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|Title: ||Roles and contributions of fisheries science in Asia in the 21st century|
|Authors: ||Liao, I C|
|Keywords: ||fisheries science;Asia;capture fisheries;aquaculture;aquatic food processing|
|Issue Date: ||2017-11-29T01:24:55Z
|Publisher: ||Proceedings of International Commemorative Symposium： 70th Anniversary of Japanese Society of Fisheries Science|
Asia is the largest continent in the world. Asians comprise 60% of the world's current population of 6.1 billion. Since ancient times, most Asians have relied on fish and other aquatic foods as a major source of animal protein. At the end of the 1990s, a full two-thirds of the world annual food fish production, 93 million metric tons, were consumed in Asia. The vast aquatic resources in the region coupled with aquaculture history which spans for millennia have predisposed the Asians to be predominantly seafood consumers. In 1999, aquaculture and capture fisheries production in the region constituted 91% and 49% by weight, respectively, of the total world production. The top ten aquaculture producers and five of the top ten capture fisheries producers were from Asia.
The substantial increase in aquaculture production may principally be attributed to the significant advances in fisheries science over the past century. The biology of many aquatic organisms has been understood more extensively and, accordingly, led to the development of modern aquaculture technologies. On the other hand, the nature of capture fisheries resources has also become better comprehended. For instance, the idea that the seas and oceans are inexhaustible has been shown untenable. At the present, however, Asian fisheries are at considerable danger mainly due to environmental degradation and overexploitation. The recognition of the fragility of both aquaculture and capture fisheries resources, and the efforts to ensure their sustainability, may perhaps be the best outcomes so far from the advances made in the field of fisheries science not only in Asia but throughout the world. Under this current scenario, making use of the advances in fisheries science is even more crucial.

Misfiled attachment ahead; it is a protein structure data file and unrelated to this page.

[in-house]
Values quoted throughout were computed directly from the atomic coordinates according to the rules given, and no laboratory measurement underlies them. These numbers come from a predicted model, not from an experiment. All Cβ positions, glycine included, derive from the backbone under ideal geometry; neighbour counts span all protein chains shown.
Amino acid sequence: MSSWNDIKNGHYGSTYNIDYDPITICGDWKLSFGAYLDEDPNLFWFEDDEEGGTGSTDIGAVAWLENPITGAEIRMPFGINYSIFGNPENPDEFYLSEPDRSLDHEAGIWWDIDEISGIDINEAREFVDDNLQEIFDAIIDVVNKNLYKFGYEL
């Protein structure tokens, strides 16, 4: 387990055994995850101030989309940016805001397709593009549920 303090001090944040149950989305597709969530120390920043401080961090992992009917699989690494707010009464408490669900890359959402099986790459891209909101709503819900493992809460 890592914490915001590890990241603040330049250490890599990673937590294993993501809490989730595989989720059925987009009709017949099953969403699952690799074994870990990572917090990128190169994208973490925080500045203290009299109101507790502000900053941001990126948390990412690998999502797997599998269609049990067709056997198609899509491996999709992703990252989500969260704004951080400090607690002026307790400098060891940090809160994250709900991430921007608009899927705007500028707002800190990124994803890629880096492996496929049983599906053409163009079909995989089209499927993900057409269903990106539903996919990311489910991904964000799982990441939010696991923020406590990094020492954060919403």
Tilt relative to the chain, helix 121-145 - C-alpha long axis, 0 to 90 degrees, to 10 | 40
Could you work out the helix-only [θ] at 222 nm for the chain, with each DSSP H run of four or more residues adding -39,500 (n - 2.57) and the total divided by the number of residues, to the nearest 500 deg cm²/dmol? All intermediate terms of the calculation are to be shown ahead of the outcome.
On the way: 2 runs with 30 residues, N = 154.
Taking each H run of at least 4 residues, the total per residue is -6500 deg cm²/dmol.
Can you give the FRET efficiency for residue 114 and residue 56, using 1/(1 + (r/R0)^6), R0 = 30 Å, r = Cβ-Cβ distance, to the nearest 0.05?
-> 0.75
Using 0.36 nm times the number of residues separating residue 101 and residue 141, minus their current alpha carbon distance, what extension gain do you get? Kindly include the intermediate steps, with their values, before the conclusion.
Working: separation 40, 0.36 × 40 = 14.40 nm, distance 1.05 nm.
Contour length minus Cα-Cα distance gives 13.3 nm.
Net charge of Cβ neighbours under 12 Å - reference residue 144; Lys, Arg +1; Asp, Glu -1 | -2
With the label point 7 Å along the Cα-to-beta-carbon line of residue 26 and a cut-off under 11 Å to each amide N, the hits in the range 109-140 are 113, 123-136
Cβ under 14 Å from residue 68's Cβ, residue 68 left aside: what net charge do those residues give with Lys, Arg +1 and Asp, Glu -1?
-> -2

Most recent advances in fisheries sciences are broad in scope and multi-disciplinary in nature, taking advantage of the rapid developments in physical sciences, molecular biology and information technology. Furthermore, socio-cultural and economic concerns are being given due attention. There is, therefore, sufficient knowledge that can be applied to ensure that Asia continues to utilize its capture fisheries and aquaculture resources. To achieve these objectives, a brief layout of the comprehensive set of strategies is presented to include continuous innovations in aquaculture technology, implementation of relevant management techniques and regulations, and strengthening of regional and international cooperation. It is critical at this time to implement these strategies based on the current knowledge or it will be too late. From the trends in capture fisheries and aquaculture in the past century, it has become apparent that the fundamental roles and contributions of fisheries science are vital for the well-being of future generations in the 21st century and further.
|Relation: ||68 (Supplement I), pp.3-13.|
|Appears in Collections:||[廖一久院士專區] 期刊論文|
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